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by Interplay

I love the future of past decades.  The seventies’ future manifested itself in silver jumpsuits, sleek, metallic rockets, and large hair la various James Bond movies, most notably Moonraker.  The eighties imagined day glow and floating skateboards.  My favorite future is from the 1950’s, when social engineering had a fascist edge and didn’t bother to hide its onwards-and-upwards ideal of self-driving cars, homogenous white suburbs, and bubble-n-plastic skyscrapers.  That’s why I like the post-apocalyptic-wasteland of Fallout, where the future of the fifties has gone terribly, terribly wrong.  And while Fallout: Tactics is an impressive addition to the Fallout story, it disappoints in a few minor but important ways.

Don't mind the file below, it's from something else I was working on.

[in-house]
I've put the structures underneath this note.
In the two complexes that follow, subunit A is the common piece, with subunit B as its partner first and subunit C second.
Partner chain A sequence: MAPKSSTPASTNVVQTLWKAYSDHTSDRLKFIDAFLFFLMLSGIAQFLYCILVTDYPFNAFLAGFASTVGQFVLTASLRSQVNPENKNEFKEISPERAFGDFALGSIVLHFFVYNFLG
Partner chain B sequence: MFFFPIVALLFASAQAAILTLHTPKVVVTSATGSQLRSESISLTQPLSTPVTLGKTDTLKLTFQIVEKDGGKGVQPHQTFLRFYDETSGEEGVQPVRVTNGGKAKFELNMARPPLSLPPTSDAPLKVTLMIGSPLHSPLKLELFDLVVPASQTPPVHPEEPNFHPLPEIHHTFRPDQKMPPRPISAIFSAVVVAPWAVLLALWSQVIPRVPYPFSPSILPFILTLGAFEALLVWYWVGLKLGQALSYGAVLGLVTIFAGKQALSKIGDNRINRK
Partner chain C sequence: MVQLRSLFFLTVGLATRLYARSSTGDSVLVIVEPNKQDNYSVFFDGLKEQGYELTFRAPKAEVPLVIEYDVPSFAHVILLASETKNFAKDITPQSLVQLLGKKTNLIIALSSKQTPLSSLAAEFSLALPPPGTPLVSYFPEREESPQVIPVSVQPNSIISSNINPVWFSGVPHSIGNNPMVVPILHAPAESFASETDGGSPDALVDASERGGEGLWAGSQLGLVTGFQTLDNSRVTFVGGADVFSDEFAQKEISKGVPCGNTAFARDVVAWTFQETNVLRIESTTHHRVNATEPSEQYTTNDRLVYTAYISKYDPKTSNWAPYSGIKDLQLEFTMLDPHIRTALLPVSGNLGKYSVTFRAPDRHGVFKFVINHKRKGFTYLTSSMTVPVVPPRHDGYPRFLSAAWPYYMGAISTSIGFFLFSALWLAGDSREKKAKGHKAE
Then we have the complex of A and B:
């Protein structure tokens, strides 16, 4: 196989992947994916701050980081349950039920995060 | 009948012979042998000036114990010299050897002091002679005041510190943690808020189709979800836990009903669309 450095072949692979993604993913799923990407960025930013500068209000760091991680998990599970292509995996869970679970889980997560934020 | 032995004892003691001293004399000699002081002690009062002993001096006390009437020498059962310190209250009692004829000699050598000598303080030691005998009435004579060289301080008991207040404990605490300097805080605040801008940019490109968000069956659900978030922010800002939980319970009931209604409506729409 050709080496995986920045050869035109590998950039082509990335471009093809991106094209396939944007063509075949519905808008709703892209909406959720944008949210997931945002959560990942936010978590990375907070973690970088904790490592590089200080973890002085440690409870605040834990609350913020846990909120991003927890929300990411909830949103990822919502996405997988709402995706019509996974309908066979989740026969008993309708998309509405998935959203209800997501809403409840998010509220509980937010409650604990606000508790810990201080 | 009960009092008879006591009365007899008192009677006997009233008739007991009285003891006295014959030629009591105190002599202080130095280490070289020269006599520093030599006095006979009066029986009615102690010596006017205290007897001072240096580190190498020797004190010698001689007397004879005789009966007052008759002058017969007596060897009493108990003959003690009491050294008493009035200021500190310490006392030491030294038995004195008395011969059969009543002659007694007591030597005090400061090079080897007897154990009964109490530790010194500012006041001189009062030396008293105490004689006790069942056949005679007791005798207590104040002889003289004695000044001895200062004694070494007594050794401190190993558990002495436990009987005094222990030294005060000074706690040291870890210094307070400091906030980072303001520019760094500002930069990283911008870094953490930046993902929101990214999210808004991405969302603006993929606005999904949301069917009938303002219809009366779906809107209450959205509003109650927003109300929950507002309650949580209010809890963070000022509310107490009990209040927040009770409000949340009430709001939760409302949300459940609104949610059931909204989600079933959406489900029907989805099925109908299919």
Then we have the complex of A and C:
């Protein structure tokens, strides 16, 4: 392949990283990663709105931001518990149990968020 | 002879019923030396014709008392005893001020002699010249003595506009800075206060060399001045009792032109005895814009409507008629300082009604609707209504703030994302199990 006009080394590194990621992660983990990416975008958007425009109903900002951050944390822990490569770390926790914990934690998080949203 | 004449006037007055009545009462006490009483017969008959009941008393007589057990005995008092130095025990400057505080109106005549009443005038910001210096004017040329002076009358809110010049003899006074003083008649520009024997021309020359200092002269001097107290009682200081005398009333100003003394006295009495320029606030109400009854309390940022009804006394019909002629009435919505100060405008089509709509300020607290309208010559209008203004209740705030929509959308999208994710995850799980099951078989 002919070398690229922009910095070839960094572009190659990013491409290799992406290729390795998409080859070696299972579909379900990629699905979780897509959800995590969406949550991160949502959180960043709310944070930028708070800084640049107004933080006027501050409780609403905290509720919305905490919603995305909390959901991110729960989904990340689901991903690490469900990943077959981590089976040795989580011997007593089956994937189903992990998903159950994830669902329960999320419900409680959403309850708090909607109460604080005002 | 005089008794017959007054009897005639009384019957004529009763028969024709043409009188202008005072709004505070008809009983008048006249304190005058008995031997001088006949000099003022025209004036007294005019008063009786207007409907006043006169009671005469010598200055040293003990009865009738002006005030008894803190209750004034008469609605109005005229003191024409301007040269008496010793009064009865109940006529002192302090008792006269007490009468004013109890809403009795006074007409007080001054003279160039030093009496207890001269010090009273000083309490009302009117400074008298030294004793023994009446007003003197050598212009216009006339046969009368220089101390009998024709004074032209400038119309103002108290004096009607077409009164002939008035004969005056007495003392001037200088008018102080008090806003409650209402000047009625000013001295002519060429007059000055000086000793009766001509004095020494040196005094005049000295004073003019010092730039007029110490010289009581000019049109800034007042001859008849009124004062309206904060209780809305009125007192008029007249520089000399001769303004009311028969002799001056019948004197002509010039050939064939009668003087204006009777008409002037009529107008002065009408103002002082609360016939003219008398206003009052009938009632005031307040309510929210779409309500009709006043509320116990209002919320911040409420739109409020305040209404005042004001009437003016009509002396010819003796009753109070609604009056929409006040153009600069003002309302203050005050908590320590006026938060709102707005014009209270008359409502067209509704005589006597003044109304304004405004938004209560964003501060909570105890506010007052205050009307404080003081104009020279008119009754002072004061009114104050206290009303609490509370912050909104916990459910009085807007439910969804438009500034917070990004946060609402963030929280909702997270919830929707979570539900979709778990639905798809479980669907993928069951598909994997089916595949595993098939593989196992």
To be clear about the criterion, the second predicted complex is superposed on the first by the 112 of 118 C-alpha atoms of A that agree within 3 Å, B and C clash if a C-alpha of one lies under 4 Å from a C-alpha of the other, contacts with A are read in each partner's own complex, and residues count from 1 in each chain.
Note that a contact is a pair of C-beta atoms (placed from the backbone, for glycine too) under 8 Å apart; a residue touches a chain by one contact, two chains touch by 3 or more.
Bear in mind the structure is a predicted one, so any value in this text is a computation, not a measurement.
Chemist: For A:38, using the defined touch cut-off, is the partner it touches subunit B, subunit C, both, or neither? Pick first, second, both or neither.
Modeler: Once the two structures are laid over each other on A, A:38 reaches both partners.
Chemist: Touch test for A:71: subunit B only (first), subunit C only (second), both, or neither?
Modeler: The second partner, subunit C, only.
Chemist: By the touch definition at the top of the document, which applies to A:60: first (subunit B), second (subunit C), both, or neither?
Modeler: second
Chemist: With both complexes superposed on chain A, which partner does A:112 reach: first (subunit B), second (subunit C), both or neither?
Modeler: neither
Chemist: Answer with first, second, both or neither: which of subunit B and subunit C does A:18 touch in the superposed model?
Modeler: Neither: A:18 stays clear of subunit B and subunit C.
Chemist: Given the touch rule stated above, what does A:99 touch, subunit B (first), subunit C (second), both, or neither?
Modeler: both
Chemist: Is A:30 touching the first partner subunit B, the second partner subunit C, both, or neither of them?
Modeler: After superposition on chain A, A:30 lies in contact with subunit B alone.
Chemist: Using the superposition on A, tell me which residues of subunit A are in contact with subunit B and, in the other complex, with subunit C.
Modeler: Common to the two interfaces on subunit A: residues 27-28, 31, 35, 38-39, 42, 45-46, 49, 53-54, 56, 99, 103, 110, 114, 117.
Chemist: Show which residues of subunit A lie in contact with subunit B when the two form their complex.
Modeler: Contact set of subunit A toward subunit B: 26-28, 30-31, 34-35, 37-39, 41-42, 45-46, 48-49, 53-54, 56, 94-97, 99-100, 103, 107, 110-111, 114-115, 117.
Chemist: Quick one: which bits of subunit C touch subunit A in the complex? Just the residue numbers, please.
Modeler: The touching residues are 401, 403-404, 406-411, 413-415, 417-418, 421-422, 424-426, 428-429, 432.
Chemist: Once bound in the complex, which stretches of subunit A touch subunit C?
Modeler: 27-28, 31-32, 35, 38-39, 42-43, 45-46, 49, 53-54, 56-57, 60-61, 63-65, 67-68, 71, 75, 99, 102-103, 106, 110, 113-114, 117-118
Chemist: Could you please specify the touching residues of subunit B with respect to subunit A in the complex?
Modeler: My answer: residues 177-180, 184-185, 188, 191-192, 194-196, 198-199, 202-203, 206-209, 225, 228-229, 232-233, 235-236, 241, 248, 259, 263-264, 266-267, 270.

FOT takes place between the years of Fallout 1 and 2 and follows a splinter faction of the Brotherhood of Steel – a paramilitary organization believing it can save humanity through technology – that has left California to search for the hub of a pre-war vault network, which preserved parts of America after World War III, as well as escape some of the more disturbing “racial purity” rhetoric of the group.  These brave adventures set up shop near the ruins of Chicago, and you are a new recruit.  The Brotherhood, in addition to finding the master vault, wants to fashion a new empire, uniting the scattered remains of Illinois and Kansas in its velvet fist.  Few have dreamed bigger.